I’ll get back to The Cloud soon, I have my next post mostly written but it’s a very complicated topic; and what’s not too hard to deliver as a presentation is proving far more difficult to put into a blog post. I’m going to start seeding these with diagrams soon, which should make things easier for me. For now, I’m going to write another post based again on a request – this time from the IT Manager of a major Sydney school (I’ll ask his permission before I publish his name) which is to explain how to get his VoIP working better over his Wireless network.
The short answer is that VoIP will never be ideal over WiFi (for the techies and purist out there, I know that it’s 802.11 networking and not WiFi but that’s what most people think of, and what most labels say). There are several reasons for this that I am going to cover in this post.
The main issue with VoIP over WiFi is that Wireless Networking (the 802.1<abgn> standard for the techies out there) is a half-duplex standard which means that a device can either transmit or receive at any given time (see http://en.wikipedia.org/wiki/Half-duplex#Half-duplex for a fuller explanation/definition). This provides a direct conflict with Voice conversations which tend to be bi-directional. The technology is kind of like trying to use a phone as a walky-talky where you have to hold the button down to talk and let go of it to listen. Wifi has sufficient bandwidth to cope with this somewhat, but it is far from an ideal medium (whereas all wired Ethernet networks other than the original 10Mbps are Full Duplex and hence better suited to Voice (even Wired networking has some issues with VoIP but that’s an easier topic I will cover in a future post).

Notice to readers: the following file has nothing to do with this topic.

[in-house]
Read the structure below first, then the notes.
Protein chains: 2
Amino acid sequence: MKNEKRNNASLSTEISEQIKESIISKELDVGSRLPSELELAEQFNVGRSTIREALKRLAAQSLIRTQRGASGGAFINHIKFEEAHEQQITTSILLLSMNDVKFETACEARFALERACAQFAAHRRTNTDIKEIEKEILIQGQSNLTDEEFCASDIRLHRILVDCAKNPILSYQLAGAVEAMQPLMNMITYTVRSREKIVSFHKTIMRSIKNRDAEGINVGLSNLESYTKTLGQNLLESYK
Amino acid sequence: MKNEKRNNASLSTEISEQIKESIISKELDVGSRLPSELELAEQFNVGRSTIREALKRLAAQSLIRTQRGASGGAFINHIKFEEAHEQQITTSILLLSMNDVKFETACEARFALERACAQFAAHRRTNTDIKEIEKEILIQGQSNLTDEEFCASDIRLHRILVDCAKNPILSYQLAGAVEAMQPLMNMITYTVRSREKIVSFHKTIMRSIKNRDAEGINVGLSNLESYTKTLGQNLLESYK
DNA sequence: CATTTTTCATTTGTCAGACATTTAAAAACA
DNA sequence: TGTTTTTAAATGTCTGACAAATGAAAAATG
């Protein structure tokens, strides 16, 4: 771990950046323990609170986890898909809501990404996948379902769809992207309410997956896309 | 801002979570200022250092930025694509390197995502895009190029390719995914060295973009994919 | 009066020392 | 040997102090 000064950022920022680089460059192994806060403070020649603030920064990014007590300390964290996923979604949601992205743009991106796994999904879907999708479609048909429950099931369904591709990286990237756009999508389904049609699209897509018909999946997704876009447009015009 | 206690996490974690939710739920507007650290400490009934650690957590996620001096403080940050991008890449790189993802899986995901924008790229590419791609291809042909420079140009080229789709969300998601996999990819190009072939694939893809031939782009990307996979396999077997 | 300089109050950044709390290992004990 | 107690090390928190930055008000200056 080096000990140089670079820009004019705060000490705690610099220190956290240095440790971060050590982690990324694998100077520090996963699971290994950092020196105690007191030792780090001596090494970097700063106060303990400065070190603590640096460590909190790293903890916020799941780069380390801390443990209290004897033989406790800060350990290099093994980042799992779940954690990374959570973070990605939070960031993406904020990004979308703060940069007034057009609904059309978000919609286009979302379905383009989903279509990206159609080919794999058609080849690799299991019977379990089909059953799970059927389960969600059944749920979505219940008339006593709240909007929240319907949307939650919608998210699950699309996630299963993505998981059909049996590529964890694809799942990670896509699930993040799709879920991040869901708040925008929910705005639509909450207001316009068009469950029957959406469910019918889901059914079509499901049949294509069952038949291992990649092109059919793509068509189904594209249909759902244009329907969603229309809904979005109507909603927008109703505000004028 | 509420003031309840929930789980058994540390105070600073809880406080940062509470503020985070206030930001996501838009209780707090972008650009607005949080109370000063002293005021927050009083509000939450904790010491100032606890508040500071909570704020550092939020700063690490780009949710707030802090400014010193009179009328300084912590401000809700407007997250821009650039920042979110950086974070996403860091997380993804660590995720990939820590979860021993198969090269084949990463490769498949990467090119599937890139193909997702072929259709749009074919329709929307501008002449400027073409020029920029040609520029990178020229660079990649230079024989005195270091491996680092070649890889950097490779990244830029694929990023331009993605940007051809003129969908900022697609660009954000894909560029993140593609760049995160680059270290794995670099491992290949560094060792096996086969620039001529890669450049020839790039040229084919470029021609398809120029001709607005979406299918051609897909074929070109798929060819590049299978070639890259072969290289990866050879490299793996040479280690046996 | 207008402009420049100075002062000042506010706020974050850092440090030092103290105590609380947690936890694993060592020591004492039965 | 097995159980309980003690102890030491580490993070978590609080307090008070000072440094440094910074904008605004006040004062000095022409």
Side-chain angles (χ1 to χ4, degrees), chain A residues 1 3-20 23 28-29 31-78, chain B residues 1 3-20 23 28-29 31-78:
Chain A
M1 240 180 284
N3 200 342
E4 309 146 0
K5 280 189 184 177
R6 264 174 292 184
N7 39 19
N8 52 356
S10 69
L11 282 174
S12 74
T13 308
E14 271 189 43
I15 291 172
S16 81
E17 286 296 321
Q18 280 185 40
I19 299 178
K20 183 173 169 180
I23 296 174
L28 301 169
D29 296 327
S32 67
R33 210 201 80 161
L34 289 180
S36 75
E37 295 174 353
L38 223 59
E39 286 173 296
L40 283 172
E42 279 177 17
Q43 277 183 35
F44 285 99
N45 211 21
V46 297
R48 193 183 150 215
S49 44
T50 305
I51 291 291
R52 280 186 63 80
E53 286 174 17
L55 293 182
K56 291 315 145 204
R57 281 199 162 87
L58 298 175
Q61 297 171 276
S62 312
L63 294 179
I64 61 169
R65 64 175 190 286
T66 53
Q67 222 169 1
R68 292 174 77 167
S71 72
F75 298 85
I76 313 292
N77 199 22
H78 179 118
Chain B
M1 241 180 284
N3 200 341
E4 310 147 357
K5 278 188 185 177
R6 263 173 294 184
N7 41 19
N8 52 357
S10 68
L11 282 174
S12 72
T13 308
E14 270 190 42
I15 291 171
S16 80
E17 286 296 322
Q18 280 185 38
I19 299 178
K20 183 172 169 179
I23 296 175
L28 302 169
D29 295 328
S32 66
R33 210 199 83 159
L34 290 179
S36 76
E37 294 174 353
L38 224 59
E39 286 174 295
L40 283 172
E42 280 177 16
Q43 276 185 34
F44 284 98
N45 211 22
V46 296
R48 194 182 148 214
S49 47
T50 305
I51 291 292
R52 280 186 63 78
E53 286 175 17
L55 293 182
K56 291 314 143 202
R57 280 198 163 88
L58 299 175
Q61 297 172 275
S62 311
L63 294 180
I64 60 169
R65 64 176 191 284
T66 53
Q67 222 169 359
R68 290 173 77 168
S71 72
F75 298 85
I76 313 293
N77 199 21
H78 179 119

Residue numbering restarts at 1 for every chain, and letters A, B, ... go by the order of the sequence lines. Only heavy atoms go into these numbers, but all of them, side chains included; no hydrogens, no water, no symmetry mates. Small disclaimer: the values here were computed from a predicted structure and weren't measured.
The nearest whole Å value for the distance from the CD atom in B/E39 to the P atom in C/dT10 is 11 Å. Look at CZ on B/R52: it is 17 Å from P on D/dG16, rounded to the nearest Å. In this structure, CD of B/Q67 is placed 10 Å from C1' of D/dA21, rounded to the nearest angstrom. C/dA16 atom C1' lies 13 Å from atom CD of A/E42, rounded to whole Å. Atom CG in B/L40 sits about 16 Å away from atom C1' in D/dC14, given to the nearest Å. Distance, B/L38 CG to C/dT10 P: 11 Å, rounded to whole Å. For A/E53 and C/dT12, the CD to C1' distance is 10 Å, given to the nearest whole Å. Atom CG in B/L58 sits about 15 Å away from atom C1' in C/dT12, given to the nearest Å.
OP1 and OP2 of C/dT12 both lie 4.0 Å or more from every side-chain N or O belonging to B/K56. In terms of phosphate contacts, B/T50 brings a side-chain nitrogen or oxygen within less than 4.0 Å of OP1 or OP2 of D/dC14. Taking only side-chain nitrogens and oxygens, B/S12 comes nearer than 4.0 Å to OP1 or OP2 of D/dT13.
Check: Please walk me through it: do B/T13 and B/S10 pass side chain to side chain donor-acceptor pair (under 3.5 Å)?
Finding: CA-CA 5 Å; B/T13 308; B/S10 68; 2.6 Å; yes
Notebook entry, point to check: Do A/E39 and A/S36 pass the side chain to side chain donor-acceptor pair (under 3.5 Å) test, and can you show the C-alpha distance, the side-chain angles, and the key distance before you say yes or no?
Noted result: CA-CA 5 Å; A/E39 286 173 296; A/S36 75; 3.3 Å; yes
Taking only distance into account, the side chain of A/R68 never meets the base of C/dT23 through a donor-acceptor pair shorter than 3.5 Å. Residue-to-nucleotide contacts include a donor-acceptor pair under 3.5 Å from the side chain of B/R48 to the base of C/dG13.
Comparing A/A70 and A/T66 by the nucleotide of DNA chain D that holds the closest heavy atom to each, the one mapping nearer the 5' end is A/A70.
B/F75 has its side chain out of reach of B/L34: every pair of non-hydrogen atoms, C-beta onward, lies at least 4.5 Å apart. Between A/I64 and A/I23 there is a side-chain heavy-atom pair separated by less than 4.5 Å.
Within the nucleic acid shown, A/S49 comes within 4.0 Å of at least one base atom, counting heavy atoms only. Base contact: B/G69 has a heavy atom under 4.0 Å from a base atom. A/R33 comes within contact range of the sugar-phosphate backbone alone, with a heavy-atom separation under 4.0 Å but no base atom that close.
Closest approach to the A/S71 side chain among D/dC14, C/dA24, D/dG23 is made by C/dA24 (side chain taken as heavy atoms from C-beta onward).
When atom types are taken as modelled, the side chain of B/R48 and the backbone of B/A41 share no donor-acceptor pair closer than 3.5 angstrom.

Another issue is that the majority of Wireless telephony devices operate using legacy protocols that operate at very low data rates (as of 2009, commercial-grade 802.1g (54Mpbs) handsets were only starting to be introduced just as the 802.1n (up to 600Mbps) standard was approaching ratification). There are a few reasons for this. Firstly, VoIP needs very little bandwidth to operate. Most VoIP systems utilise SIP (Session Initiated Protocol) with G.711 as a streaming CODEC which consumes between 97-105Kbps depending on which VoIP vendor you are talking to. This is far less than the 1Mbps that the lowest level of 802.11b Wireless allows for an the rule for Wireless is that the lower the speed, the greater the range so WiFi phones tend to request/demand very low bandwidth from your Wireless Network. Far from being a good thing, this is a major problem as Wireless is a shared medium which means that bandwidth available (22MHz per channel) is all you get amongst everyone connected to that Access Point. That means that a WiFi phone connecting a 1Mbps consumes just as much of your Wireless Network as a laptop connected at 150Mbps with 802.11n. A Wireless Radio (NB: a Wireless Access Point can contain one or more radios; most APs contain only one radio although 2 or more radios in an AP is becoming more common) can only operate at a single channel or frequency at any given time. This means that most WiFi IP phone will not only starve your network of performance whilst they are connected, but they will also cause constant contention (since they are likely the only low-speed devices on the network).